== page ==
The San Francisco 49ers entered the 2013-14 season with what looked to be a strong group of receivers: Michael Crabtree, Anquan Boldin, Mario Manningham, Kyle Williams and possibly even A.J. Jenkins. Rookie Quinton Patton might even contribute and all in all, Colin Kaepernick was poised to have a big year.
Then reality happened, and both Crabtree and Manningham were injured, Jenkins was confirmed to be a waste of a first-round pick and Williams continues to slum it out in the "is really good for two plays per game" category. Patton is injured and Kaepernick has, to this point, struggled.
Now the 49ers have ... Boldin, and that's about it, at least as far as the wide receiver position is concerned. Williams has played the second-highest number of snaps among 49ers wide receivers, and Marlon Moore comes in at over 60 snaps already this season. That's just not very confidence-inspiring.
But there's another player who can catch the football, and he made that clear in Week 6: tight end Vernon Davis. The Arizona Cardinals absolutely could not stop Davis, who hauled in eight receptions for 180 yards and a pair of touchdowns, including a 61-yarder.
Davis has 404 yards and six touchdowns on the season, trailing Boldin's 421 yards. Davis is a matchup nightmare, when the 49ers are using him properly. On Sunday, the Tennessee Titans will draw the tall task of covering Davis.
Last season, Davis admitted to facing more double coverage than he'd ever seen in his career. He had just 548 yards and five touchdowns over 16 games played, while Crabtree had his first 1,000-yard season as a breakout player.
Teams were ignoring Crabtree to make sure Davis was covered (not to mention the 49ers kept Davis in to block far too often), and that allowed Crabtree to flourish. On Sunday, the Cardinals paid an awful lot of attention to Boldin, who showed he is capable with a huge game against the Green Bay Packers earlier in the season. That cost them, as evidenced by Davis' stats.
Tennessee has to figure out how to stop both Boldin and Davis. Whichever one of those two is covered the least will be the first player Kaepernick looks at every single snap. It's an obvious offensive approach, but with Frank Gore and big guys like Alex Boone and Mike Iupati pushing the running game along, it's one that is working.
Tennessee's pass defense
The Titans are actually pretty solid at defending against tight ends this season. They are allowing an average of four receptions and 57 yards to a tight end through six games this season. In total, they've allowed 26 receptions for 346 yards and four touchdowns to tight ends this season.
Going further, the player who had the best game against them was Kellen Winslow of the New York Jets, who caught six passes for 73 yards in Week 4. Antonio Gates caught five passes for 55 yards and a touchdown the week before that.
Both Winslow and Gates have something in common: they're very athletic tight ends, much more so than the other tight ends the Titans have faced this season. Davis is more athletic than any of them. He's bigger, faster, stronger and younger than those two, and if there was a mismatch exploited that the Titans haven't caught on to, then he'll have a better game than either of them, too.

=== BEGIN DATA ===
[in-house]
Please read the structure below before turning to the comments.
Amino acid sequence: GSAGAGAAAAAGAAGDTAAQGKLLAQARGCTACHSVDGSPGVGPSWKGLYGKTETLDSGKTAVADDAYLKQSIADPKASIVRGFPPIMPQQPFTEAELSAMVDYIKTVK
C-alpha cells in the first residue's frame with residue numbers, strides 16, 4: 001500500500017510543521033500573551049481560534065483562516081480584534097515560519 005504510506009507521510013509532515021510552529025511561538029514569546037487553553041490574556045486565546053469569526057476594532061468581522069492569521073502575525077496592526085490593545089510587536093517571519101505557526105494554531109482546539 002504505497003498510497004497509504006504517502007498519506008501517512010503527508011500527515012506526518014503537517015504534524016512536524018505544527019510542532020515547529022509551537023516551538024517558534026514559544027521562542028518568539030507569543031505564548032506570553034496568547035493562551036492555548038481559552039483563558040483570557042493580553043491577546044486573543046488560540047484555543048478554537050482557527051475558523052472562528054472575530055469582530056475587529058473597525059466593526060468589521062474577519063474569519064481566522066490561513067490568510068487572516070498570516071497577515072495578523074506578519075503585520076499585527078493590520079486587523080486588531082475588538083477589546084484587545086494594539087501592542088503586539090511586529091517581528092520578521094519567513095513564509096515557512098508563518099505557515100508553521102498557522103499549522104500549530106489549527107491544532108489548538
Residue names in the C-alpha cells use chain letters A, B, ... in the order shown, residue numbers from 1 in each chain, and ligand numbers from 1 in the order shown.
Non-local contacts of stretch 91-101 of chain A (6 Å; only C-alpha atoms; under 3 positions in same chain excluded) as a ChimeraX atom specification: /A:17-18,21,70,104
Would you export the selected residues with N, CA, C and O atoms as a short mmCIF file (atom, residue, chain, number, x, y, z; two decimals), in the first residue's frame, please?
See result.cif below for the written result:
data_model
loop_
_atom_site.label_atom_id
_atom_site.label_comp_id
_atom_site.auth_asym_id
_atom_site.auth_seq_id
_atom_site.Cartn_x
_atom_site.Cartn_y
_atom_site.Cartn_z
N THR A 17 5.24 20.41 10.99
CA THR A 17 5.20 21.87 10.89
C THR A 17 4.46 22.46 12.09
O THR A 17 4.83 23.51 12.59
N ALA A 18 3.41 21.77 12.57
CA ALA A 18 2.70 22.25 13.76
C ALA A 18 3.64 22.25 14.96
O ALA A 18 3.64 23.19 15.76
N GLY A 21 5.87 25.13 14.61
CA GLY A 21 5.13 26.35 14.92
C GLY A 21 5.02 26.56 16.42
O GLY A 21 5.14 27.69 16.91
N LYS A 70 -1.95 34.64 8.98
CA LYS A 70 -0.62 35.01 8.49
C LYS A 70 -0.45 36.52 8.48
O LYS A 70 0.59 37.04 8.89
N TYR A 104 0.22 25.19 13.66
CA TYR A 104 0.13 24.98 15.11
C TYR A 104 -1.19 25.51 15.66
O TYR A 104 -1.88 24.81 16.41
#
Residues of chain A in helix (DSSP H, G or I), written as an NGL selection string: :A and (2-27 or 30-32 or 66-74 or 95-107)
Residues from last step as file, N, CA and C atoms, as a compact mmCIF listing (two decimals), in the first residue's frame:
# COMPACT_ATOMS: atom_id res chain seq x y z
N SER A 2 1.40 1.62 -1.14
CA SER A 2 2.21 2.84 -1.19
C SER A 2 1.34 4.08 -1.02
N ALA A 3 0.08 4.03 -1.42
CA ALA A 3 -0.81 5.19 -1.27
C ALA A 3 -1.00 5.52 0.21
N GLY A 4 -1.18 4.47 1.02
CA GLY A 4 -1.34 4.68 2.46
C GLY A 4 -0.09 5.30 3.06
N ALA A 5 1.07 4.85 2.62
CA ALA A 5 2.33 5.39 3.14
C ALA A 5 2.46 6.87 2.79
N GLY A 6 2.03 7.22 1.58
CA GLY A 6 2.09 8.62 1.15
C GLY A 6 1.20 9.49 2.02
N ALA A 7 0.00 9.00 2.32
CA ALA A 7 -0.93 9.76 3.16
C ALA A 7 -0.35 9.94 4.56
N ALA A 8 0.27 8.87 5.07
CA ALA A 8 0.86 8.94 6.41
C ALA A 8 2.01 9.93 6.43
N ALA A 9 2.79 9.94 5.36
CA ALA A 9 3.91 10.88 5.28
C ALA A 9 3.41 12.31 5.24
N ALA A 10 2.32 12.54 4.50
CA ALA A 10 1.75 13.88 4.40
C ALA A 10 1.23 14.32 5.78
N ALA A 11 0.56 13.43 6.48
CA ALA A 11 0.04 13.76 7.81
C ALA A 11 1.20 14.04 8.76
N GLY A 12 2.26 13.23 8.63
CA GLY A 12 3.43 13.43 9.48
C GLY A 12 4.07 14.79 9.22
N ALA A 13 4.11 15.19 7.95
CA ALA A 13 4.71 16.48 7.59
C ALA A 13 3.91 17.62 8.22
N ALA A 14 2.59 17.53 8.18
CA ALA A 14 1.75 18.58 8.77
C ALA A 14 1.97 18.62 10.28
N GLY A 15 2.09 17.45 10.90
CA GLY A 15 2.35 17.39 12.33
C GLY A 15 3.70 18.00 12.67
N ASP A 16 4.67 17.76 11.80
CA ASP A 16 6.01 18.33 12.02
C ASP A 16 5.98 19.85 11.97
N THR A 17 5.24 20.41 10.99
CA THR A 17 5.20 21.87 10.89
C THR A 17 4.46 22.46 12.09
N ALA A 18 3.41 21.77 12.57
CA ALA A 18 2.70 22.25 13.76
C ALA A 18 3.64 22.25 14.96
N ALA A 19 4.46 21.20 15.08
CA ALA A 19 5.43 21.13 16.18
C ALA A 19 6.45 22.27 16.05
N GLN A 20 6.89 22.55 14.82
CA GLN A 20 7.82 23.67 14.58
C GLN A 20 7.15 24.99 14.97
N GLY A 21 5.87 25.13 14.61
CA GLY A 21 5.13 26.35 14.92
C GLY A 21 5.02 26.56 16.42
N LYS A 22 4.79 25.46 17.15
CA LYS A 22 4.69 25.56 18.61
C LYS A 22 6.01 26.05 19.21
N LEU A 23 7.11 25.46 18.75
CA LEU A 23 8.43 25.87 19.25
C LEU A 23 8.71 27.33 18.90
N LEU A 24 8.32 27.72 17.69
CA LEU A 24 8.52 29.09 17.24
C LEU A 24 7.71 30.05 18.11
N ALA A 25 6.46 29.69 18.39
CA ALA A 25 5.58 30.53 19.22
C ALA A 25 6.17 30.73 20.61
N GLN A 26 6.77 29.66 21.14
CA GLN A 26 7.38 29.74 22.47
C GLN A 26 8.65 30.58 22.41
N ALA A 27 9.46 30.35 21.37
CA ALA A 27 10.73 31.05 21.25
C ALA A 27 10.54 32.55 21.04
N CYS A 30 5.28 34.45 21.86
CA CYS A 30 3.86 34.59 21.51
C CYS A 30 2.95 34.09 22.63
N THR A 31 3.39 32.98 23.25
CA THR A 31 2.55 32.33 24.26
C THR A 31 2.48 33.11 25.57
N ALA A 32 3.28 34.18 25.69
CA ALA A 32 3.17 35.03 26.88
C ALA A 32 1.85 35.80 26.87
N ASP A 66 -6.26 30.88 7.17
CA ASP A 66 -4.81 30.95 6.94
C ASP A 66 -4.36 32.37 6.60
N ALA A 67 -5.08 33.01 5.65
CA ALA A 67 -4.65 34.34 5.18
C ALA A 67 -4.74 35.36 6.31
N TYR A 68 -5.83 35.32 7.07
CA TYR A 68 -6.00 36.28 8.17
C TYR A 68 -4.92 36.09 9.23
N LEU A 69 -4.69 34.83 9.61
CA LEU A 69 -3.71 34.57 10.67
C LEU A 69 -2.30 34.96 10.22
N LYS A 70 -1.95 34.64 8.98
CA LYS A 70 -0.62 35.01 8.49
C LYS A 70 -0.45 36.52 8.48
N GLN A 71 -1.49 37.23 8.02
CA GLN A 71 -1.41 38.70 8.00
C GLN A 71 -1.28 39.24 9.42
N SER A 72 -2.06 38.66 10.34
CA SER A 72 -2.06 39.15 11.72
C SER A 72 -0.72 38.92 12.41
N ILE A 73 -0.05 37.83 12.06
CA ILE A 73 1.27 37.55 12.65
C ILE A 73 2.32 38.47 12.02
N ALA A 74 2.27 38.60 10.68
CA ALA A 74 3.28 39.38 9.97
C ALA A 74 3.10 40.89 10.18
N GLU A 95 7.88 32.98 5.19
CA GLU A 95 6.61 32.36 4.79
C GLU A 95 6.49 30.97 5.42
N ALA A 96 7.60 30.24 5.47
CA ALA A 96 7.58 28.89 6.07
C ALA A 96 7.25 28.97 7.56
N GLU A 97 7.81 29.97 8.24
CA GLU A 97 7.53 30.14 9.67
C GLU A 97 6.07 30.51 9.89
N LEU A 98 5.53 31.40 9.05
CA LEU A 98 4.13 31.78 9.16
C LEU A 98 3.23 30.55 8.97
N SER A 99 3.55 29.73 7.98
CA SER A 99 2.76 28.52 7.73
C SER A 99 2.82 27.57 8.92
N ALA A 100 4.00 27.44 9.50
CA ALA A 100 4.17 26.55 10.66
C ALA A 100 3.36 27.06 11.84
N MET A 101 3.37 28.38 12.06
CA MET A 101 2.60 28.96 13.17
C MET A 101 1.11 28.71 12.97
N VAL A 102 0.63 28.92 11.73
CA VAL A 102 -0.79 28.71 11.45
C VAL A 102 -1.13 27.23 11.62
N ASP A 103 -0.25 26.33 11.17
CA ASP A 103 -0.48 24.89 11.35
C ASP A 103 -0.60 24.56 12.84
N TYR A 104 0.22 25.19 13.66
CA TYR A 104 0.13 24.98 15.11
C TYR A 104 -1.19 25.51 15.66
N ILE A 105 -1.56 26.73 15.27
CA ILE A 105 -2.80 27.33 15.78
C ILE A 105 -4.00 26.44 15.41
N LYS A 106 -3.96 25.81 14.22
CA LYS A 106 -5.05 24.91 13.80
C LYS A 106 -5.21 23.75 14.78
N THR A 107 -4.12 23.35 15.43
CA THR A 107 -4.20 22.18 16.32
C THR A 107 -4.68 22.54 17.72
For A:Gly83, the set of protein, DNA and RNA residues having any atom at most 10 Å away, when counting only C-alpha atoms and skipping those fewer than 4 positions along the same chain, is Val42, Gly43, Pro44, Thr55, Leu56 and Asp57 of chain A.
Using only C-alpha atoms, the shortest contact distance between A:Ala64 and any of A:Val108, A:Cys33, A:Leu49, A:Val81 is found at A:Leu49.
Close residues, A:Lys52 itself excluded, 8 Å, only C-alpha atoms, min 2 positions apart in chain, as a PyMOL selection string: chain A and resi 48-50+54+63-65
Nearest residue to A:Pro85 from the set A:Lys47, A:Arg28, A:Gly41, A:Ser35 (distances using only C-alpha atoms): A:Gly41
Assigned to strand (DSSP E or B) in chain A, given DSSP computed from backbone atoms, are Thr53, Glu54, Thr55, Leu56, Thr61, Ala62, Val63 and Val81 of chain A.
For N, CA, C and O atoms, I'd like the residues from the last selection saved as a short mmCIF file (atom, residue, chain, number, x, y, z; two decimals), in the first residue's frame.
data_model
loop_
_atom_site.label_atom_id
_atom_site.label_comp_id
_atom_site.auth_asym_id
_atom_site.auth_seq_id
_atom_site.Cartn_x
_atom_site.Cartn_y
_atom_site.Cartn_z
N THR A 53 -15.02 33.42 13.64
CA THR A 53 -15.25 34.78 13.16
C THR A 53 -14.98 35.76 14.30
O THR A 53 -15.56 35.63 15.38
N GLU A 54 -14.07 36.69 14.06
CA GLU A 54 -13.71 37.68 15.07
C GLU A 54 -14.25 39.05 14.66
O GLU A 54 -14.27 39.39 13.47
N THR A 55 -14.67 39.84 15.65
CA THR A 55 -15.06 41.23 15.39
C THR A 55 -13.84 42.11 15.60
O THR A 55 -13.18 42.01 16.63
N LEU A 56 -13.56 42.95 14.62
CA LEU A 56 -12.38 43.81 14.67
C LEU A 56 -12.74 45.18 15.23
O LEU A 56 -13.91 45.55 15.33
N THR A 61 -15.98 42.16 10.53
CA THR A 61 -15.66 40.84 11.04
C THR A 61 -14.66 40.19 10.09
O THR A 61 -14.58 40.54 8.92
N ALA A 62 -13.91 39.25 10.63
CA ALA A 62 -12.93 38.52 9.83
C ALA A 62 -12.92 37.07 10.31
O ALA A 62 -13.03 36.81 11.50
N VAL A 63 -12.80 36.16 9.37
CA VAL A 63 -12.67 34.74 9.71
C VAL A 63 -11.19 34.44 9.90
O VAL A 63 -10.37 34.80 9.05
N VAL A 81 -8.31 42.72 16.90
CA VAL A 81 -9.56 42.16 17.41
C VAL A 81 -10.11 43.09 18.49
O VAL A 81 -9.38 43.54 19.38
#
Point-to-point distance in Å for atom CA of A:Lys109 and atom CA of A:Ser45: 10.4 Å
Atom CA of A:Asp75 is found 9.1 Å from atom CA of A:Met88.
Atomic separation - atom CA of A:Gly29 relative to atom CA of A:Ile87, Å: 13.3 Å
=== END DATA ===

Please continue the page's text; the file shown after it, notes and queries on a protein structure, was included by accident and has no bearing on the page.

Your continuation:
The Titans, though, have a strong overall passing defense. They allow 223.8 passing yards per game, which is good for No. 10 in the league. That has primarily been due to the strong play of corners Alterraun Verner and Jason McCourty.
Pro Football Focus ranks Verner as the top cornerback in the league through six games, and McCourty as No. 6. Verner earns an 11.2 overall rating, which comes from a 9.3 rating in pass coverage. To put this into context, Darrelle Revis is given a 10.7 overall rating and a 7.1 rating in pass coverage. The worst corner in the league is Cortland Finnegan, according to their overall rating of -15.1.
Receivers have a 34.4 percent catch rate against Verner, which forces teams to throw more at McCourty, who has seen 43 passes come to his side of the field, while only 32 have gone to Verner. Coty Sensabaugh has a negative rating, at -2.3, playing from the nickel spot.
So, who's on Davis?
We talked a lot about the two corners above because a cornerback might be what's required to stop Davis. But corners aren't the primary players the Titans usually put on tight ends. That falls to outside linebacker Zach Brown.
Brown is very athletic, but is probably better at rushing the passer than he is in coverage. He can keep up with the slower tight ends, but if a player like Davis makes a nice cut or runs an intricate route, Brown is lost. Gates' touchdown against the Titans was while he was covered by Brown.
He was particularly bad at this in his rookie season, but he's been a bit better in 2013-14. Still, Pro Football Focus has Brown No. 28 among outside linebackers overall, and gives him a -0.9 rating in pass coverage over the first six weeks. That ranks him No. 21 at his position in regard to pass defense.
But he has drawn plenty of difficult matchups this season. Still, Davis will be the most difficult yet, so what can the Titans do to help him out? Well, if they truly believe their cornerbacks are solid -- and they're right if they do -- then they will stick one of them on Boldin and put the other one on Davis, with Brown helping out occasionally.
They need only to look to what the New England Patriots did to Jimmy Graham this past week. They put Aqib Talib, and later Kyle Arrington, on Graham and held him without a catch for the whole game (Graham did exit in the fourth quarter with an injury). Boldin and Davis are the two real receiving threats on the 49ers' roster, and the Titans would be best served by getting one of their more dependable corners in there for a good portion of the time.